Meniscal Surgery Pocatello ID

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Benjamin Blair
(208) 233-2100
333 N 18th Ave
Pocatello, ID
Specialty
Orthopedic Surgery

Data Provided By:
Michael G Summers, DDS
(208) 232-0464
1133 Call Creek Dr
Pocatello, ID
Specialties
Orthodontics/Dentofacial Orthopedics

Data Provided By:
Kenneth E Newhouse
(208) 234-1960
560 Memorial Dr
Pocatello, ID
Specialty
Orthopedic Surgery

Data Provided By:
Steven Lloyd Coker, MD
(208) 234-1960
560 Memorial Dr
Pocatello, ID
Specialties
Orthopedics
Gender
Male
Education
Medical School: Univ Of Ar Coll Of Med, Little Rock Ar 72205
Graduation Year: 1991

Data Provided By:
Rufus O Van Dyke, DDS
(208) 237-3330
1501 Bench Rd
Pocatello, ID
Specialties
Orthodontics/Dentofacial Orthopedics

Data Provided By:
Dr.Kenneth Newhouse
(208) 234-1960
560 Memorial Drive
Pocatello, ID
Gender
M
Education
Medical School: Yale Univ Sch Of Med
Year of Graduation: 1987
Speciality
Orthopedic Surgeon
General Information
Hospital: Portneuf Medical Center
Accepting New Patients: Yes
RateMD Rating
5.0, out of 5 based on 1, reviews.

Data Provided By:
Richard Allen Wathne, MD
(208) 233-2100
333 N 18th Ave 18th Ave Medical Plaza Ste D1
Pocatello, ID
Specialties
Orthopedics
Gender
Male
Education
Medical School: Umdnj-New Jersey Med Sch, Newark Nj 07103
Graduation Year: 1989
Hospital
Hospital: Bannock Reg Med Ctr, Pocatello, Id; Pocatello Reg Med Ctr, Pocatello, Id
Group Practice: Pocatello Orthopaedic & Sports

Data Provided By:
Benjamin Blair, MD
(208) 233-2100
333 N 18th Ave Ste D1
Pocatello, ID
Specialties
Orthopedics
Gender
Male
Education
Medical School: Albany Med Coll, Albany Ny 12208
Graduation Year: 1989

Data Provided By:
Steve L Coker
(208) 234-1960
560 Memorial Dr
Pocatello, ID
Specialty
Orthopedic Surgery

Data Provided By:
John Robert Davis, DMD
(208) 233-5500
115 S 15th Ave Ste D
Pocatello, ID
Specialties
Orthodontics/Dentofacial Orthopedics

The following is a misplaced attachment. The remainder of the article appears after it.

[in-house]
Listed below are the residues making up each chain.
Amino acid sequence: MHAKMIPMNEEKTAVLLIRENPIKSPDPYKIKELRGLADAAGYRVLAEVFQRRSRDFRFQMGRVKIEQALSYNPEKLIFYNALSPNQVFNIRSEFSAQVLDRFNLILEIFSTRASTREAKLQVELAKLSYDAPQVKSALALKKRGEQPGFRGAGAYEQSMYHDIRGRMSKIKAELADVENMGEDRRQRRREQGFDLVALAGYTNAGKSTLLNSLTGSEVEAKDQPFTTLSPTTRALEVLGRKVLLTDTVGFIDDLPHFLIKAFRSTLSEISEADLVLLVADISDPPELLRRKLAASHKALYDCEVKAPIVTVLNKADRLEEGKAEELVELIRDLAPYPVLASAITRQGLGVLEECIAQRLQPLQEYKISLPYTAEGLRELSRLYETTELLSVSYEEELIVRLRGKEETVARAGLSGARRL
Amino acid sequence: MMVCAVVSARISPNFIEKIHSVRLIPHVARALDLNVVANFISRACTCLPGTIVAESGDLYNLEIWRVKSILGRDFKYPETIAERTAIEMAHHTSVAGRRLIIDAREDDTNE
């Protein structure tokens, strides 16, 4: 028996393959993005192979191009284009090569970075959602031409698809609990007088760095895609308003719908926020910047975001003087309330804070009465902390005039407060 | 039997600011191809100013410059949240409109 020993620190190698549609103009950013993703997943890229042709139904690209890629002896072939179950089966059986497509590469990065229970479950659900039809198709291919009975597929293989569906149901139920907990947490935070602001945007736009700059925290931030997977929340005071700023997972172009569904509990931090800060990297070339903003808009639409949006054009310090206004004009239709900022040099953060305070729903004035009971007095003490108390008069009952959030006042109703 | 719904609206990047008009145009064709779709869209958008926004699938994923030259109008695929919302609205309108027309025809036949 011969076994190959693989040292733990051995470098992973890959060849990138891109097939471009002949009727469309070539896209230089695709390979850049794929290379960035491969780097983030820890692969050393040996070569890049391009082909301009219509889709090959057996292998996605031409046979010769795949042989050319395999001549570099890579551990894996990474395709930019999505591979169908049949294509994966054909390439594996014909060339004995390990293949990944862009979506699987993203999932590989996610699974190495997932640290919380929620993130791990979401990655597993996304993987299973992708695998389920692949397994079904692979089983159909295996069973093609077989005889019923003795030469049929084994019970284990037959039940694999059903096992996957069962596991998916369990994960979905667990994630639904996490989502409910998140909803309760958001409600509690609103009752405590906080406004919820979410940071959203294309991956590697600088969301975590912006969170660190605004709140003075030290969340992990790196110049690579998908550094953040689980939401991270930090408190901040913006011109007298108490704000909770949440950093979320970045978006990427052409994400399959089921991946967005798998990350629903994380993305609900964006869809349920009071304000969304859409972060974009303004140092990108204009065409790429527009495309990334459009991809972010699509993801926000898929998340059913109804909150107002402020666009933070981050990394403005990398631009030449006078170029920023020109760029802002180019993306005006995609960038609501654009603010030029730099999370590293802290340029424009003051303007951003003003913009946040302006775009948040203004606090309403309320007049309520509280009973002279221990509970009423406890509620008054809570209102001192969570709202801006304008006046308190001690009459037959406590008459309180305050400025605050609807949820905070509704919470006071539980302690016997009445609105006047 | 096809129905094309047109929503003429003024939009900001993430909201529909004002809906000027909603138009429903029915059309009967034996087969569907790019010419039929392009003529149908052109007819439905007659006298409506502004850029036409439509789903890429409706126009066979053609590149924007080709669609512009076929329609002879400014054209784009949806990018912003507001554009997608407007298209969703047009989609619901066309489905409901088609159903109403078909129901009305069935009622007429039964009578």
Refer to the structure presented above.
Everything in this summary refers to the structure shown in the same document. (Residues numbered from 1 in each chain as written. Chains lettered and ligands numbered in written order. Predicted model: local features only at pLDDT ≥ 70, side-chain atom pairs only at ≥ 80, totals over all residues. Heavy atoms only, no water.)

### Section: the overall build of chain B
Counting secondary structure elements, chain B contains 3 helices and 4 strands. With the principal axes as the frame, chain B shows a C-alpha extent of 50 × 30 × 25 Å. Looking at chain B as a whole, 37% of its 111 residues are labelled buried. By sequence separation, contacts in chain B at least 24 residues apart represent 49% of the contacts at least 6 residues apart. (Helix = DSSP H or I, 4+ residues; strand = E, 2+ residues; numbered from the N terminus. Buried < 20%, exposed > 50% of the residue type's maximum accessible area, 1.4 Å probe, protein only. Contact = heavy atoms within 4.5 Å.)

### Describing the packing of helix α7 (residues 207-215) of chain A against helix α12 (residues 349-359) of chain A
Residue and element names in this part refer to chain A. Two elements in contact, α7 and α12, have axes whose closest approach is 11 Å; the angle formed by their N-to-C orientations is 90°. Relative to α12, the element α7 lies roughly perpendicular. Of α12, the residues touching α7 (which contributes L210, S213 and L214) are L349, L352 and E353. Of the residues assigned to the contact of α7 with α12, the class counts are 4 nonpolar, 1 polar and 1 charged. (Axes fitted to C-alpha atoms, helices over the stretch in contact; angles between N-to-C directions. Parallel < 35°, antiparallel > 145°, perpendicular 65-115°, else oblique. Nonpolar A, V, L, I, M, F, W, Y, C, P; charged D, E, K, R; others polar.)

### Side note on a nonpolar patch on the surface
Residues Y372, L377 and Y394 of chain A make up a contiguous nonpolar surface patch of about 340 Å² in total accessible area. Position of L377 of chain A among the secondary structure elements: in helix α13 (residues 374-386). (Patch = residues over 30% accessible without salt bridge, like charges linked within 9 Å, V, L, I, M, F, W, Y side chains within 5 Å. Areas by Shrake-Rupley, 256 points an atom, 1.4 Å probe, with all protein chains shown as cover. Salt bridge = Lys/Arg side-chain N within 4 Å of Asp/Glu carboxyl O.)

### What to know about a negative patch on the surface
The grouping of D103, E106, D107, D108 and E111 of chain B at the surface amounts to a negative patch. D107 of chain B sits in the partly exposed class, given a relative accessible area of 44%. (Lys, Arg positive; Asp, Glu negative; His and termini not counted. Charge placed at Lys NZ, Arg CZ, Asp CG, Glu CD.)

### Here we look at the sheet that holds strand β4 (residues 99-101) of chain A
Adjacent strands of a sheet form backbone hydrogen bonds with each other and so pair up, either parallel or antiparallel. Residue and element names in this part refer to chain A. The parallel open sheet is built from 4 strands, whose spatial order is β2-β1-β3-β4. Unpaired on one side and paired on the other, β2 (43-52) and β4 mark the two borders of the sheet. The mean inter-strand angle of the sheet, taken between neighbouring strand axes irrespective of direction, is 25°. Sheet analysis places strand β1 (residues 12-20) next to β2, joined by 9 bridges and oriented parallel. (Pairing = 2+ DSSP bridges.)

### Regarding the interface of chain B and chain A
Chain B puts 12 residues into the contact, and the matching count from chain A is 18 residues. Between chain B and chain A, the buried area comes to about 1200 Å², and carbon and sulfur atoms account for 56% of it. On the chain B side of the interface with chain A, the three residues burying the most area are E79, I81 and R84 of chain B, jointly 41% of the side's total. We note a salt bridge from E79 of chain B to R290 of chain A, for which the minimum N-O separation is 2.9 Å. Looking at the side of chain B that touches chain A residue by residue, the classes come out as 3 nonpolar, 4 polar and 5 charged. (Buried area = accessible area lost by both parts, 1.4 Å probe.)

Data Provided By:
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Meniscal Surgery

A Patient's Guide to Meniscal Surgery

Introduction

The meniscus is very important to the long-term health of the knee. In the past, surgeons would simply take out part or all of an injured meniscus. But today's surgeons know that removing the meniscus can lead to early knee arthritis. Whenever possible, they try to repair the tear. If the damaged area must be removed, care is taken during surgery to protect the surrounding healthy tissue.

This guide will help you understand

  • what parts of the knee are treated during meniscal surgery
  • what operations are used to treat a damaged meniscus
  • what to expect before and after meniscal surgery

Anatomy

What parts of the knee are involved?

There is one meniscus on each side of the knee joint. The C-shaped medial meniscus is on the inside part of the knee, closest to your other knee. (Medial means closer to the middle of the body.) The U-shaped lateral meniscus is on the outer half of the knee joint. (Lateral means further out from the center of the body.)

The menisci (plural for meniscus) protect the articular cartilage on the surfaces of the thighbone (femur) and the shinbone (tibia). Articular cartilage is the smooth, slippery material that covers the ends of the bones that make up the knee joint. The articular cartilage allows the joint surfaces to slide against one another without damage to either surface.

Most of the meniscus is avascular, meaning no blood vessels go to it. Only its outer rim gets a small supply of blood. Doctors call this area the red zone. The ends of a few vessels in the red zone may actually travel inward to the middle section, the red-white zone. The inner portion of the meniscus, closest to the center of the knee, is called the white zone. It has no blood vessels at all. Although a tear in the outer rim has a good chance of healing, damage further in toward the center of the meniscus will not heal on its own.

Related Document: A Patient's Guide to Knee Anatomy

Related Document: A Patient's Guide to Meniscal Injuries

Rationale

What does my surgeon hope to accomplish?

The meniscus is a pad of cartilage that acts like a shock absorber to protect the knee. The meniscus is also vital for knee stability. When the meniscus is damaged or is surgically removed, the knee joint can become loose, or unstable. Without the protection and stability of a healthy meniscus, the surfaces of the knee can suffer wear and tear, leading to a condition called osteoarthritis.

Related Document: A Patient's Guide to Knee Osteoarthritis

Most tears of the meniscus do not heal on their own. A small tear in the outer rim (the red zone) has a good chance of healing. However, tears in the inner part of the meniscus often require surgery. When tears in this area are causing symptoms, they tend to get bigger. This puts the articular cartilage on the surfaces of the knee joint at risk of injury.

Surgeons aim to save the men...

Click here to read the rest of this article from eOrthopod.com